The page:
A Senate panel voted Thursday to give more money to two of the state’s three universities.
HB 2090 allocates an additional $12 million to Arizona State University on top of whatever cash lawmakers and the governor approve in regular state aid to the schools. The legislation also sets aside an extra $3.3 million for Northern Arizona University.
There are no funds for the University of Arizona. But that is by design.
Sen. Steve Yarbrough, R-Chandler, said the way the annual state budget has been adopted for years has resulted in the other two schools getting less cash per student than UA. He said the last time that was adjusted was in the 1990s.
“In the last decade, both ASU and NAU have experienced explosive enrollment growth for which state monies were not increased significantly,” Yarbrough said. “Consequently, funding per student became even more unequal compared to (UA) which did not experience the same rate of growth.”
ASU President Michael Crow said the $15.3 million just begins to address the parity issue.
He said a study performed by the Board of Regents found it would take about $120 million in extra cash to his school and NAU to equalize per-student funding. Factoring out what he said are the “special responsibilities” of UA, including its medical school and agriculture departments, the regents pegged the real disparity at $60 million.
Crow said this is more than a bid by ASU and NAU for more money.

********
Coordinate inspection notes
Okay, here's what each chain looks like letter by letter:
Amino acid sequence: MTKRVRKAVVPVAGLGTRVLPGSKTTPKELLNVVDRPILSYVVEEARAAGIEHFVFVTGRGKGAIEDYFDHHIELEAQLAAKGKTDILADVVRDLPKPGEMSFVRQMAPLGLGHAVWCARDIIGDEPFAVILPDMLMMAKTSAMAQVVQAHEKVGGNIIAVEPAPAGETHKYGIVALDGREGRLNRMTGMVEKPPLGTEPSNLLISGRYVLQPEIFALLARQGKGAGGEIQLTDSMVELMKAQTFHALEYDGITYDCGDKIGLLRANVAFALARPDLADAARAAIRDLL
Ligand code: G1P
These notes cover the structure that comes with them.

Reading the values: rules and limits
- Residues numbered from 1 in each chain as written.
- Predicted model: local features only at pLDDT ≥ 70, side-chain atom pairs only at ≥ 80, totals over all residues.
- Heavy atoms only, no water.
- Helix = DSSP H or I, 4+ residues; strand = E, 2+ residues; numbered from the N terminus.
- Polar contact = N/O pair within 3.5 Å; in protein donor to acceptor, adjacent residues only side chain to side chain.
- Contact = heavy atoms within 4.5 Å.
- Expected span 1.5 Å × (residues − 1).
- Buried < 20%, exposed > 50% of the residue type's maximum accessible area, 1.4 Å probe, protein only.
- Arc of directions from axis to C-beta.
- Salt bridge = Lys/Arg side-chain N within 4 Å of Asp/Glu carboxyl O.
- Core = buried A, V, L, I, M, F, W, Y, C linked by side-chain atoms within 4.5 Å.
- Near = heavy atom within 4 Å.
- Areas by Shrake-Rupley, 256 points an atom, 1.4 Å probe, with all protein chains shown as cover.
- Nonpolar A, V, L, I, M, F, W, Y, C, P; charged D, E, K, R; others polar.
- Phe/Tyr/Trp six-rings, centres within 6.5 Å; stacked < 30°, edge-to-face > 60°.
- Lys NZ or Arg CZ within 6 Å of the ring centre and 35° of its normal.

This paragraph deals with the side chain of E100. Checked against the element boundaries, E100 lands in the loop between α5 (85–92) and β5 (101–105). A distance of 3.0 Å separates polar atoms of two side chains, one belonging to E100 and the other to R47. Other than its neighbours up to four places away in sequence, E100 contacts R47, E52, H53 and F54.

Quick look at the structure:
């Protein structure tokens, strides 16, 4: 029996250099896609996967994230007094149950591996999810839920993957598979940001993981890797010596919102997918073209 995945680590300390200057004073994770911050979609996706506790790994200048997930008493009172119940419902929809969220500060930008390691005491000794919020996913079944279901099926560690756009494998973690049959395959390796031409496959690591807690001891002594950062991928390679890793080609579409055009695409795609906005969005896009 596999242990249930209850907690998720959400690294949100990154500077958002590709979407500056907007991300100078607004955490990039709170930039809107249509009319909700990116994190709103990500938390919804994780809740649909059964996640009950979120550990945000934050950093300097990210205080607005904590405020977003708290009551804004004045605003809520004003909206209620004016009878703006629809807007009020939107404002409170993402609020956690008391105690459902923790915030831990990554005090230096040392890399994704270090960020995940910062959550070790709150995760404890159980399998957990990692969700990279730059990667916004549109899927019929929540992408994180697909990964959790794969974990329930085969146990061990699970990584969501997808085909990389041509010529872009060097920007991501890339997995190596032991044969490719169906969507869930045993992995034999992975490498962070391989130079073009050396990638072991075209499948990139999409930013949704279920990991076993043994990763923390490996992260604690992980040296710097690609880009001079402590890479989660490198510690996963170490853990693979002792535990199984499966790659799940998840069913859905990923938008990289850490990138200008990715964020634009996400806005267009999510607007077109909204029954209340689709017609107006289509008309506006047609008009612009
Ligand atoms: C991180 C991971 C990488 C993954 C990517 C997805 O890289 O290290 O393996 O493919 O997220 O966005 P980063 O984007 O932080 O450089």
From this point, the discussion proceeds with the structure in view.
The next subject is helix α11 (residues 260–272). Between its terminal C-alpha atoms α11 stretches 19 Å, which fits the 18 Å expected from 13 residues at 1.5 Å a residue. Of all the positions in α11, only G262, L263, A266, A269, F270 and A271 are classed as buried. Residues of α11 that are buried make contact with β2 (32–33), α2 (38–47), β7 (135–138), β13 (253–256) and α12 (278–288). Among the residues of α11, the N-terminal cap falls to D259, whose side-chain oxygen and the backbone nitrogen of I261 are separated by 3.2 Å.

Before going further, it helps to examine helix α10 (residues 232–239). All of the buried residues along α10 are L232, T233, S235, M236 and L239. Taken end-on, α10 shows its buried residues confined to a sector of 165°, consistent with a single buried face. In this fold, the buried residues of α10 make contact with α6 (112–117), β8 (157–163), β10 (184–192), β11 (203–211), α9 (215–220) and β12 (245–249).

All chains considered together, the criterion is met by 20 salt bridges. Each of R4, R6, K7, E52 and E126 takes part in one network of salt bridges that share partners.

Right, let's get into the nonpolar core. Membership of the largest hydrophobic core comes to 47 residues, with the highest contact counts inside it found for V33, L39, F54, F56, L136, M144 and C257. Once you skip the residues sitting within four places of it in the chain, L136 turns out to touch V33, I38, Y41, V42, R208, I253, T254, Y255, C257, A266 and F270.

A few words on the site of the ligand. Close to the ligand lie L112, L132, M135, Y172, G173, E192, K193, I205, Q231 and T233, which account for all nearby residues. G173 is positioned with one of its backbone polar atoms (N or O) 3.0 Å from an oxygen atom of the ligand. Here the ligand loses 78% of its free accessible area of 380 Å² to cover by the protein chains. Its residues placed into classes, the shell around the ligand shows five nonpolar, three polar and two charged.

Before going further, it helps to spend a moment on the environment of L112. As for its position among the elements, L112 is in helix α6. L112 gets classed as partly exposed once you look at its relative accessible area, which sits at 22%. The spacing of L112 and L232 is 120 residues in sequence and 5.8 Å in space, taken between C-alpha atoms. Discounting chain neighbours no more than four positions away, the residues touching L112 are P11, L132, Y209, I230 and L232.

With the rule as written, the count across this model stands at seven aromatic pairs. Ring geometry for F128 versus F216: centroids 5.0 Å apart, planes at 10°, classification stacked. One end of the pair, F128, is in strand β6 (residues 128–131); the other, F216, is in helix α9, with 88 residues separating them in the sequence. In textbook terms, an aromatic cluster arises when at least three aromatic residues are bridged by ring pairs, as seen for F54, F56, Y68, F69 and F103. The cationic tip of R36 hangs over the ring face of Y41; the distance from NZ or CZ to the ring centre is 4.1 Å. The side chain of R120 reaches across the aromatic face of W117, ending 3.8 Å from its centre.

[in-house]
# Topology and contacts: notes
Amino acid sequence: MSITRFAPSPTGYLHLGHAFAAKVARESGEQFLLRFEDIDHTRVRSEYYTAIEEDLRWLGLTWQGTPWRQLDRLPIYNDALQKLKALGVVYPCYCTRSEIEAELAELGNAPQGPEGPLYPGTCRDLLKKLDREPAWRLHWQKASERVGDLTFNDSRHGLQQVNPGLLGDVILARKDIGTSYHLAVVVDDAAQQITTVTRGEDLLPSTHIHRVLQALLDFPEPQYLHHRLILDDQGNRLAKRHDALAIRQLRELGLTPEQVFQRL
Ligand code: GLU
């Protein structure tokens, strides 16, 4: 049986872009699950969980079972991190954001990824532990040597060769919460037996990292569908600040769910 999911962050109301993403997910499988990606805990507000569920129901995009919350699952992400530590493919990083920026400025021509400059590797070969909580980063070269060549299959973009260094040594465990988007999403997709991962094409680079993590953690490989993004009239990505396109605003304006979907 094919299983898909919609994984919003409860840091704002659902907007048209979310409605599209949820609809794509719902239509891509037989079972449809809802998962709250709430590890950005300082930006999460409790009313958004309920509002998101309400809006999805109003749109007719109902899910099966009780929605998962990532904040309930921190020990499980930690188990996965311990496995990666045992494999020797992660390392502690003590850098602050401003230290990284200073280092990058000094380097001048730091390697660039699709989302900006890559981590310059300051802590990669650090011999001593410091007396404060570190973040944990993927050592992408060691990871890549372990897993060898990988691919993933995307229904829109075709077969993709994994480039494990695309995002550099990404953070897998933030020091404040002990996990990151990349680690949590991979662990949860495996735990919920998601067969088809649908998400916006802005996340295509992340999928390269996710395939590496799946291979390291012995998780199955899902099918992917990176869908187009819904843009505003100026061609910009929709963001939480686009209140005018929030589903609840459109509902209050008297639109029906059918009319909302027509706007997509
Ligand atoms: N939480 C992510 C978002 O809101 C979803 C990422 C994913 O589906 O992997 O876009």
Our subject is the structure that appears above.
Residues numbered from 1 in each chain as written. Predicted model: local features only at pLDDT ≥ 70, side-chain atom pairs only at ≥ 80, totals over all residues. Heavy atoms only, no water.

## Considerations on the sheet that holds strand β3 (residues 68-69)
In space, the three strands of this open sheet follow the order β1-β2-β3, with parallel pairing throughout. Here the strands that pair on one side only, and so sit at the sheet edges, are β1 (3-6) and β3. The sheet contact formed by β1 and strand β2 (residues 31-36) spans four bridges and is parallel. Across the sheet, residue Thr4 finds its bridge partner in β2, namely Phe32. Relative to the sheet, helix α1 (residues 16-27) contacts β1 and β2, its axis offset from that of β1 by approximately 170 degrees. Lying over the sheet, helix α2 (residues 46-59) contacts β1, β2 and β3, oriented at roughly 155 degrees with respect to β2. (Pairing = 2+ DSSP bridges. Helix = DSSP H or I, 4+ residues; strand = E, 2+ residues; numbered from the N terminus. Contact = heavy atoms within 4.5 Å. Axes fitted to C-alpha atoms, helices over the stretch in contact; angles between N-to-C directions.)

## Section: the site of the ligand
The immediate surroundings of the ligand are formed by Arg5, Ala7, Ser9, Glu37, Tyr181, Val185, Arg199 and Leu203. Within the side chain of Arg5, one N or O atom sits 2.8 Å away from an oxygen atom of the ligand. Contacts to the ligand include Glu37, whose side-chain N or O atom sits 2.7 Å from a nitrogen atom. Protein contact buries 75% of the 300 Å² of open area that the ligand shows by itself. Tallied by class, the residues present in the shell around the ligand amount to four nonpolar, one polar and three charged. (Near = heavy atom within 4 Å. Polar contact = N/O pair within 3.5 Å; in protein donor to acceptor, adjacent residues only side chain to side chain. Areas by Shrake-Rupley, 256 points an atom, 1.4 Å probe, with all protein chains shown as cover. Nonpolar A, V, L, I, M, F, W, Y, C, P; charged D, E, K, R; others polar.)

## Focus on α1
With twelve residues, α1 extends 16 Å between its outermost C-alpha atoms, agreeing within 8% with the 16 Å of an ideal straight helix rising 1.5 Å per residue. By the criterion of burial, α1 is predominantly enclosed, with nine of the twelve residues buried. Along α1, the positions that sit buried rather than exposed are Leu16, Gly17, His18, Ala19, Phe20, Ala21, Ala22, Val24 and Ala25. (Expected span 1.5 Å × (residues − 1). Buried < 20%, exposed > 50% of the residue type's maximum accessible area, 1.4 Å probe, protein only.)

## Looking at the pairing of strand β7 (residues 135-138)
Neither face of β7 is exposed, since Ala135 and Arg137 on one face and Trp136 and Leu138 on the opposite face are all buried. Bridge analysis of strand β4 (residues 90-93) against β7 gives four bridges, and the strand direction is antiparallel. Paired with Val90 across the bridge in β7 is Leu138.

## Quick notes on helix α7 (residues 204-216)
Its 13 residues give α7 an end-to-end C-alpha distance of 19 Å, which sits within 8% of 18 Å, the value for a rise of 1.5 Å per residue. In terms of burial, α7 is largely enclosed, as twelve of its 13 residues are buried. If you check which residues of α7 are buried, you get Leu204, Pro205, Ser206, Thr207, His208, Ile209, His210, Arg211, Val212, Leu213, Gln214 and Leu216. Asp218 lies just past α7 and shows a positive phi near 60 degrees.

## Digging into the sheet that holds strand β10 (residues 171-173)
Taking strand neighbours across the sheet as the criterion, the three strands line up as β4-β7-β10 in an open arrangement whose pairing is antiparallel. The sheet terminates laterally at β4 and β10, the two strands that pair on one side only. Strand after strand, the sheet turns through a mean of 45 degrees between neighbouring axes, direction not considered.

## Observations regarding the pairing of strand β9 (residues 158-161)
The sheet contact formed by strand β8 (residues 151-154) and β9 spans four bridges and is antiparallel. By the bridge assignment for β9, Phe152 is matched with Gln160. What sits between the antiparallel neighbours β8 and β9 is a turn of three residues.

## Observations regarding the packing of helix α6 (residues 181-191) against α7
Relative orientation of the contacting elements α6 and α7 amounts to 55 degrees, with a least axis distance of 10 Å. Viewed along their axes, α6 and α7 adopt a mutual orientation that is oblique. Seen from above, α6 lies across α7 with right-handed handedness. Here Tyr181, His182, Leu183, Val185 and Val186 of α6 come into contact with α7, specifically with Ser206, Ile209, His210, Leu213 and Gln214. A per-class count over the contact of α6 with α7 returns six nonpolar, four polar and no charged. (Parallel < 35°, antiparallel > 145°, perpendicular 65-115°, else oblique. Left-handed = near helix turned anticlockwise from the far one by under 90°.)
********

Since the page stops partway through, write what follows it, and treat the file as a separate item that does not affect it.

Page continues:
“With disparities resolved, universities can then move into the direction in which we’re headed, which is performance-based funding,” he told the Senate Finance Committee, rather than asking lawmakers for more money based solely on the number of students enrolled. Crow said this would allow each university to seek funding based on its individual performance.
Potentially more significant, once base-level funding issues are resolved, the universities then would be put in a position where they can compete against each other.
Sen. Ron Gould, R-Lake Havasu City, said the proposal ignores a simple fact.
“We don’t have $15.3 million,” he said.
Sen. Rick Murphy, R-Glendale, agreed. He said while the state currently has a slight surplus, that will disappear in several years, both with the expiration of the state’s temporary sales tax hike in 2013 and with possible additional costs the following year under the federal health care mandate.
“Parity is important,” he said. And Murphy said that can be achieved — but not the way Yarbrough is proposing.
“The right way to do it is to reallocate the dollars that we’re spending now ... new dollars that I don’t think we have,” he said.
Crow, however, said lawmakers should take advantage of the extra funds that are now available.
“This is an opportunistic method for us to solve a problem and to literally change history,” he said.
“Once the level playing field can be defined, I can say to our faculty and our staff, no more discussion about fairness, no more discussion about investment,” Crow said. “Let’s just perform, perform, perform.”
The proposal still faces other hurdles — including possible opposition from Gov. Jan Brewer.
Her budget plan unveiled in January has no funding to achieve parity, even with the recommendation from the Board of Regents. In fact, her presentation to the Legislature stated that “funding parity numbers are exaggerated” because they do not take into account the changes in what the universities got this past year.
Gubernatorial press aide Matthew Benson said his boss is willing to give that extra $15.3 million to the two schools — but not the way Yarbrough wants. He said that amounts to “simply throwing money at the problem.”
Instead, Brewer’s plan makes the funding contingent on the two schools redesigning their courses and making other changes “to improve student retention and lower per-student cost.”
Benson sidestepped a question of whether Brewer would veto Yarbrough’s no-strings measure, saying only that budget negotiations are ongoing.